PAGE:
Tottenham boss Harry Redknapp admits he is "flattered" by the clamour to appoint him as the next manager of England following Fabio Capello's resignation, on a day Manchester United's Sir Alex Ferguson described Redknapp as "the best man" for the job.
While acknowledging the pride in being associated with the job, Redknapp admits it would be
"It is nice that people put me in a position where they think I've got a chance of the job", The Tottenham manager told the BBC.
"Yes, it's flattering. Other managers have come out and said nice things and I appreciate everybody's support in everything that has happened in my life in the last little spell.
"I've had great support from everybody and that is important when you go through a situation I've been through you find out who your friends are for sure."
Since Capello's departure it has been suggested Redknapp could possibly combine his current job at Tottenham with temporary charge of England, until becoming the permanent manager of the national side at the end of the season, yet 64-year-old concedes all focus must be "on one job".
"It is hard enough managing a league club, let alone your country." The Tottenham manager continued. "It is too very difficult jobs and you have to focus on one job."
Although evidently enamoured with the idea of being linked with England, Redknapp suggested it is a hugely complicated role given the unique pressures that comes with it.
"You have to look at the whole thing and realise just what a tough job it is," he said. "No-one has a magic wand. They've all found it very difficult. Whoever takes that job has a real job on his hands.
"It shows what a difficult job it is to manage England when you go and get Fabio Capello - there wouldn't be too many in the world better than him - and he found it difficult.
"There's been a lot of great managers since Alf Ramsey [England's World Cup-winning manager in 1966].
"Even the great Bobby Robson, who were all admire so much - even he found it difficult. He got slaughtered at times. He wasn't always well treated.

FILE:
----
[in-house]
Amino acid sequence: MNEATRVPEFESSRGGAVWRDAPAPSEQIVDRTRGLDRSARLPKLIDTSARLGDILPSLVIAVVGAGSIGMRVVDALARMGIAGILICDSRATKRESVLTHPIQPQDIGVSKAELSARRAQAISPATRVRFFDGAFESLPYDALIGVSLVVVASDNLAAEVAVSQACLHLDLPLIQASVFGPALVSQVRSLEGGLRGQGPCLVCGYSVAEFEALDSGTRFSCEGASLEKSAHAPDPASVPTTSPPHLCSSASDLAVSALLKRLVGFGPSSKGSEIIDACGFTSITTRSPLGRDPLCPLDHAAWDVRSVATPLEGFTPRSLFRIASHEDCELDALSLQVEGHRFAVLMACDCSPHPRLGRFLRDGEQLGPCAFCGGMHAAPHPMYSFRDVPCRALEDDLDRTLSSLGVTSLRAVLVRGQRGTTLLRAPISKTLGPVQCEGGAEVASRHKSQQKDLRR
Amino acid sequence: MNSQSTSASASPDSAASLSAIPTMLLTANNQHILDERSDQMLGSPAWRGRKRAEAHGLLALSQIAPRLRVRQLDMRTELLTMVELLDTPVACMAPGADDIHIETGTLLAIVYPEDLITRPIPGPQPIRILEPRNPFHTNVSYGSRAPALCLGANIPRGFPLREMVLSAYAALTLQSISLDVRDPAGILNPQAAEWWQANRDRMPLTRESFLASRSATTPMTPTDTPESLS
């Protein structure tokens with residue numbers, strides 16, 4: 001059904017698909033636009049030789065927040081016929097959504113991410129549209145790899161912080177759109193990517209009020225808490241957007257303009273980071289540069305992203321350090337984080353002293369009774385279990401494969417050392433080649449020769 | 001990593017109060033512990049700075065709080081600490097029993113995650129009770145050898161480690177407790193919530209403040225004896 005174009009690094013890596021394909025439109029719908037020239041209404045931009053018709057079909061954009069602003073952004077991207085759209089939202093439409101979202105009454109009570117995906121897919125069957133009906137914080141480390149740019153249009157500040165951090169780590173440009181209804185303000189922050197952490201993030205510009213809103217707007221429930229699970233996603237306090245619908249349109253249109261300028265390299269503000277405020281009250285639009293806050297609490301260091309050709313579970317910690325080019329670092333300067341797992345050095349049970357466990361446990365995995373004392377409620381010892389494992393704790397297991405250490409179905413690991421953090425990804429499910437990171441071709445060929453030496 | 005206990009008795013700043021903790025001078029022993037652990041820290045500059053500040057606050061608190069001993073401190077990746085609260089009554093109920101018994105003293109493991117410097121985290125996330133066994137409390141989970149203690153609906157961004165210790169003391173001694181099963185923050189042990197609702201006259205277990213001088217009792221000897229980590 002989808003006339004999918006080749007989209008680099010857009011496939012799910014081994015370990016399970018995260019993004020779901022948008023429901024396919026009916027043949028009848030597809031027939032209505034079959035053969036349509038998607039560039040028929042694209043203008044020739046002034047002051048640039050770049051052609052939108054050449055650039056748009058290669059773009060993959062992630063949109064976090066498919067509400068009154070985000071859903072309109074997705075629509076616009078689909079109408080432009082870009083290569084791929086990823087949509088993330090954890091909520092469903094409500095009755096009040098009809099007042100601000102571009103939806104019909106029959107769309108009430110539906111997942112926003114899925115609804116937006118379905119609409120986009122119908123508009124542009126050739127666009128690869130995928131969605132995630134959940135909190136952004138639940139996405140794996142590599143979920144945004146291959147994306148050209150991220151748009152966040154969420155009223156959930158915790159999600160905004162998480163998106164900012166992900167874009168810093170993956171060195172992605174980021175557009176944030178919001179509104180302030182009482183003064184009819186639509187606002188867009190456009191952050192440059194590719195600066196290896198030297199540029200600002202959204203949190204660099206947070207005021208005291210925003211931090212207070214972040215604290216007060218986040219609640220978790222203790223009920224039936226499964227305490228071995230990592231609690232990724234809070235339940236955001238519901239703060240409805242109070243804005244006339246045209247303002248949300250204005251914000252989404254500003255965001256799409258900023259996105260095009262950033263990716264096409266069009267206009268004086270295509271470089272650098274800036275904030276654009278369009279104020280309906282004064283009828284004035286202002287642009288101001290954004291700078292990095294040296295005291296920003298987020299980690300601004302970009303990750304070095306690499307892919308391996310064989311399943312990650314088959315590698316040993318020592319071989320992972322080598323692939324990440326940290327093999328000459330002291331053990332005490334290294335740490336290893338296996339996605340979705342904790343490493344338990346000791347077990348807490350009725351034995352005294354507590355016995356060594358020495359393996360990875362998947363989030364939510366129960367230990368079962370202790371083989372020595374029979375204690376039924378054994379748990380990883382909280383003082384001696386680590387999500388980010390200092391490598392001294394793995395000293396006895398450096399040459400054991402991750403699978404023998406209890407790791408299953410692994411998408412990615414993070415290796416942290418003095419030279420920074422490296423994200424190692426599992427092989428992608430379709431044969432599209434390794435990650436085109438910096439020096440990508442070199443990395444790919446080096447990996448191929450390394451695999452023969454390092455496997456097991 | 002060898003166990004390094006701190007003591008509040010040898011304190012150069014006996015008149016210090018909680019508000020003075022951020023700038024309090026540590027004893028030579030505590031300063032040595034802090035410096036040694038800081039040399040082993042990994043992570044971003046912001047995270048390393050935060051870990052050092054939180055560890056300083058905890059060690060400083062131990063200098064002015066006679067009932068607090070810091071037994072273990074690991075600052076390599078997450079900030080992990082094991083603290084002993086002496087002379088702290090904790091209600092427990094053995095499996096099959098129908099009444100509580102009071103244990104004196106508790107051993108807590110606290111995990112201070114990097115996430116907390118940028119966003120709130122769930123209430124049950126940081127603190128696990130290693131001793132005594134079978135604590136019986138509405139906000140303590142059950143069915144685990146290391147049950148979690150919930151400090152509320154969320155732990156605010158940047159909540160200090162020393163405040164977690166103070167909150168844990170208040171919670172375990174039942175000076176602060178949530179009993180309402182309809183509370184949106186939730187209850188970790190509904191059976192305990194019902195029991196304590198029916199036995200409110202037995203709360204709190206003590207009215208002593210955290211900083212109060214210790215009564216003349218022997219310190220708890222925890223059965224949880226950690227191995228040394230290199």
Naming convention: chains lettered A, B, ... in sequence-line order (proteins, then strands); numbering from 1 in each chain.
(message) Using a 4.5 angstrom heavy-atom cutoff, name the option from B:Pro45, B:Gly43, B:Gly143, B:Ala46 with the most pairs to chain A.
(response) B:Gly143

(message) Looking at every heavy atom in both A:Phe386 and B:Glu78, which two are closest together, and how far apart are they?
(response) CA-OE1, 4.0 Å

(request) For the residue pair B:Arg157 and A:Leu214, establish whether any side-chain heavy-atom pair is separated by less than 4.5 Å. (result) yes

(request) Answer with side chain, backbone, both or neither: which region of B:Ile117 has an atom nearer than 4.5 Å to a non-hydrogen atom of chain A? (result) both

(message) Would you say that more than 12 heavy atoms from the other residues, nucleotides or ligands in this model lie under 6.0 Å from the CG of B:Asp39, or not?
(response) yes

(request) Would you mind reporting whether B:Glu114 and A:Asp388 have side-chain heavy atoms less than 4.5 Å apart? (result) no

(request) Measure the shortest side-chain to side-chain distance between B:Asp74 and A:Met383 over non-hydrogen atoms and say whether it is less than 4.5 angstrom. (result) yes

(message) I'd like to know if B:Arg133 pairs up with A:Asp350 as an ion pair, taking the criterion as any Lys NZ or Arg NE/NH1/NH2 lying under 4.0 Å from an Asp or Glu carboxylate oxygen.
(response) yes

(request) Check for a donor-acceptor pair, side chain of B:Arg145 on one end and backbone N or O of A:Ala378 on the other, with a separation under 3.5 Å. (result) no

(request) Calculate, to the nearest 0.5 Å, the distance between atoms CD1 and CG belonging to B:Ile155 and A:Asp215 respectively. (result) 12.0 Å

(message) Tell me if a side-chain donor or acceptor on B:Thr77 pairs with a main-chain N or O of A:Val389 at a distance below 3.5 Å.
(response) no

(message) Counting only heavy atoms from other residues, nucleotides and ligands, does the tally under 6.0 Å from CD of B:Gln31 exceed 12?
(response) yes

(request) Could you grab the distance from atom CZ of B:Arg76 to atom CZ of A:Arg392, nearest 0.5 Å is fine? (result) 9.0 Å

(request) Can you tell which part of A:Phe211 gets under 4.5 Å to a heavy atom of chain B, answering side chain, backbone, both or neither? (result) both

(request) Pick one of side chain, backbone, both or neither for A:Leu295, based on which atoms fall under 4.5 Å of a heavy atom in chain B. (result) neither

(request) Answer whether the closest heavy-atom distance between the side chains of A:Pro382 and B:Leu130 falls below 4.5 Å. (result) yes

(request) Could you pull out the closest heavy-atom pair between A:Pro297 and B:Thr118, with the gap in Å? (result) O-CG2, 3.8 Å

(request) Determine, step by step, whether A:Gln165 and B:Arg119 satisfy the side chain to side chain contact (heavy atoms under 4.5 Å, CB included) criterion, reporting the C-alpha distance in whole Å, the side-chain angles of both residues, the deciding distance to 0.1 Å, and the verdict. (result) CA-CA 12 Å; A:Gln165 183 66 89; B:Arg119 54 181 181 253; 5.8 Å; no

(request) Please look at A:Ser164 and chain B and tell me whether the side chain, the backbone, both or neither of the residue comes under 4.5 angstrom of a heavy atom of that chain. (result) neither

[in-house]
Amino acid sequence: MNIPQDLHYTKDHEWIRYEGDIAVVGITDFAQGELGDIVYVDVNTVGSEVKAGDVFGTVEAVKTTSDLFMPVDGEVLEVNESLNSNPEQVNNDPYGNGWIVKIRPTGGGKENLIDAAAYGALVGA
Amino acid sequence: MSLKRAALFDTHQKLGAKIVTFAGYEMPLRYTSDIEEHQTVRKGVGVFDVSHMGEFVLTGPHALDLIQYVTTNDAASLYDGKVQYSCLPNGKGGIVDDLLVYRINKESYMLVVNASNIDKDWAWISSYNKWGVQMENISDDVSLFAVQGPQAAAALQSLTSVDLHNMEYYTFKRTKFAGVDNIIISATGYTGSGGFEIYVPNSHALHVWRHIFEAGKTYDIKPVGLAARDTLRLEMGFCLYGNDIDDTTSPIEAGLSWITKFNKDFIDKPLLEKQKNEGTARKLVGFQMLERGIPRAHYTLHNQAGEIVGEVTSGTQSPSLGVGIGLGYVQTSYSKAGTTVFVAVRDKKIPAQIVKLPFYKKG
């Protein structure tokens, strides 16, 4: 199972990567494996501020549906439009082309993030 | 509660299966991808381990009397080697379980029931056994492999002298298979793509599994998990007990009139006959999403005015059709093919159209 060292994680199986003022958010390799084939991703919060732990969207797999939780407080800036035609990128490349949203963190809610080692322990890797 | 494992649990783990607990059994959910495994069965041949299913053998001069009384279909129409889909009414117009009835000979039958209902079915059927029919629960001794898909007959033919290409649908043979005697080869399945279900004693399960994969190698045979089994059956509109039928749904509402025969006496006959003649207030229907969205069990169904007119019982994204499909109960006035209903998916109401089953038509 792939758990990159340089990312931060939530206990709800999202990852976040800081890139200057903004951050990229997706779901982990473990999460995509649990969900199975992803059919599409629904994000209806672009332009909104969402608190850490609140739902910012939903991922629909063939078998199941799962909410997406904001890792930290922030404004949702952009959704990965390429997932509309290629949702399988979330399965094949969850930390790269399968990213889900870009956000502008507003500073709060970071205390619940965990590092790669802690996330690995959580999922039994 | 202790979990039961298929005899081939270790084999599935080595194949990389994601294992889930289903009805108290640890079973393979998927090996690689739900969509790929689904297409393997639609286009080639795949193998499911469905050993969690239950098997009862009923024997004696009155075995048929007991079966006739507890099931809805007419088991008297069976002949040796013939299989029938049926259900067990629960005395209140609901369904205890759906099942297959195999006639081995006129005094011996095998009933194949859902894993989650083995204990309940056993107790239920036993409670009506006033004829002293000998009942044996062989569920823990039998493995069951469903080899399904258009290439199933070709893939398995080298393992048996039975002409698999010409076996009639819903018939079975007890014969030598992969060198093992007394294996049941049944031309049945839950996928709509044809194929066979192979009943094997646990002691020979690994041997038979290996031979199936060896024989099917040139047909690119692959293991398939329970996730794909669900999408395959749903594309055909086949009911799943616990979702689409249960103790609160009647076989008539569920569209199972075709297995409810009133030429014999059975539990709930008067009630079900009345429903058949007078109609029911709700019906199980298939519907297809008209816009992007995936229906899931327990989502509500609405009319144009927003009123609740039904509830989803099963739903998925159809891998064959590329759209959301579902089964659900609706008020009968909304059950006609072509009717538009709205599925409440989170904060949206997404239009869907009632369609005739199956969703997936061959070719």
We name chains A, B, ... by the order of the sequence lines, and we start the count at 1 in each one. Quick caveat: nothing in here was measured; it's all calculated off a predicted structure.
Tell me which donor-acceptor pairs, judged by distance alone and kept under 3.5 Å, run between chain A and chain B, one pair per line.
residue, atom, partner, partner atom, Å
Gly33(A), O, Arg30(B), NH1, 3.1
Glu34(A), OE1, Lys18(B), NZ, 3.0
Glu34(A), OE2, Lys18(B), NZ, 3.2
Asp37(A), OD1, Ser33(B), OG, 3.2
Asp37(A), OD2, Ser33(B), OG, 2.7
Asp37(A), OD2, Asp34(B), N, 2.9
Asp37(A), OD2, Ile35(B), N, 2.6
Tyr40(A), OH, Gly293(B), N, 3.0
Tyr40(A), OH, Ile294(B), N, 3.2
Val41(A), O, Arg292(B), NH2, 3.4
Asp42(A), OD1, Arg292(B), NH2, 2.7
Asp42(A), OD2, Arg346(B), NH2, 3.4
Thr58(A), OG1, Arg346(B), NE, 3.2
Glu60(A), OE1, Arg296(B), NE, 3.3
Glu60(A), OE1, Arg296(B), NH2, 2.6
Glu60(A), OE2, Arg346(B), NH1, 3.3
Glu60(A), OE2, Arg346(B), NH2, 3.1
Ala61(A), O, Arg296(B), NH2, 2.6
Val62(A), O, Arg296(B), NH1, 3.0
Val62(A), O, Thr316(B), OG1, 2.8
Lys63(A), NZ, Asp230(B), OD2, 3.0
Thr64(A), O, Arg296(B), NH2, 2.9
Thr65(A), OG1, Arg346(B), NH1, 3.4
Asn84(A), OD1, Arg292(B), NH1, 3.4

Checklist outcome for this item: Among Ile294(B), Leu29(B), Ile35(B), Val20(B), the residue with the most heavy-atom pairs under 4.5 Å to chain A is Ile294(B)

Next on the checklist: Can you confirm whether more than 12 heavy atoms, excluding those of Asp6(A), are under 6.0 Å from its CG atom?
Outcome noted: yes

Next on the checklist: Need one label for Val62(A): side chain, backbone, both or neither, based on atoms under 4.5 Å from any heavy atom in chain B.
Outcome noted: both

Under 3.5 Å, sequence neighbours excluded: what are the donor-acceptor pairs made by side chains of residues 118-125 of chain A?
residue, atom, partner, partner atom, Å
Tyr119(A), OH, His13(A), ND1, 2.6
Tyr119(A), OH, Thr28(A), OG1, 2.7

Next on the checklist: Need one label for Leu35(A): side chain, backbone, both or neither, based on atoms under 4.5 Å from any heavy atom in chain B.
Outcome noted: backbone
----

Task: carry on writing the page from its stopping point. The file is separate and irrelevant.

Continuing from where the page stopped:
"Apart from Terry Venables in Euro 96, who came out with loads of credit, we haven't really had too much success, which shows what a difficult job it must be.
"At my age I have to do what's right for me. Whatever decision, my family will come first now. If the opportunity comes I will look at it in then."
Having initially suggested he had not "thought about" England, the recent speculation and the public response had inevitably led to Redknapp thinking about his future.
"Driving in this morning, three hours in the car, and you start to think about things," Redknapp continued. "But it is a difficult job and things couldn't have gone better for me here [at Spurs].
"I can't take my eye off the ball at Tottenham. We are trying to get Champions League football and owe it to them to keep completely focused.
"The club have been great to me. [Chairman] Daniel [Levy] brought me here and it couldn't have gone better for me in the three years I've had here, and I love every minute of coming here.
"I've great players, an excellent team and I couldn't be happier than what I am here at the moment.
"Until the question gets asked - no-one has approached Daniel - there is nothing for me to consider.
"They may have someone else in mind. We are all guessing. Whoever they pick, I hope they make the right decision. All we can do is see what happens."
Meanwhile Manchester United manager Sir Alex Ferguson is the latest high-profile character in football to endorse Redknapp as the perfect candidate to succeed Fabio Capello, suggesting he is the correct age with a brilliant understanding of English football.
"There is no doubt Harry Redknapp is the best man," The Manchester United boss told the Daily Mail. "The press have decided. Harry is the best man."
"He has the experience and personality and the knowledge of the game. He has changed the fortunes of every club he has been at. He is the right choice.
''You should try to get the best man with the best qualities.
"A young manager has no chance. I tried it myself with Scotland in Mexico (in the 1986 World Cup while Aberdeen manager and following the death of Jock Stein). I found it very difficult."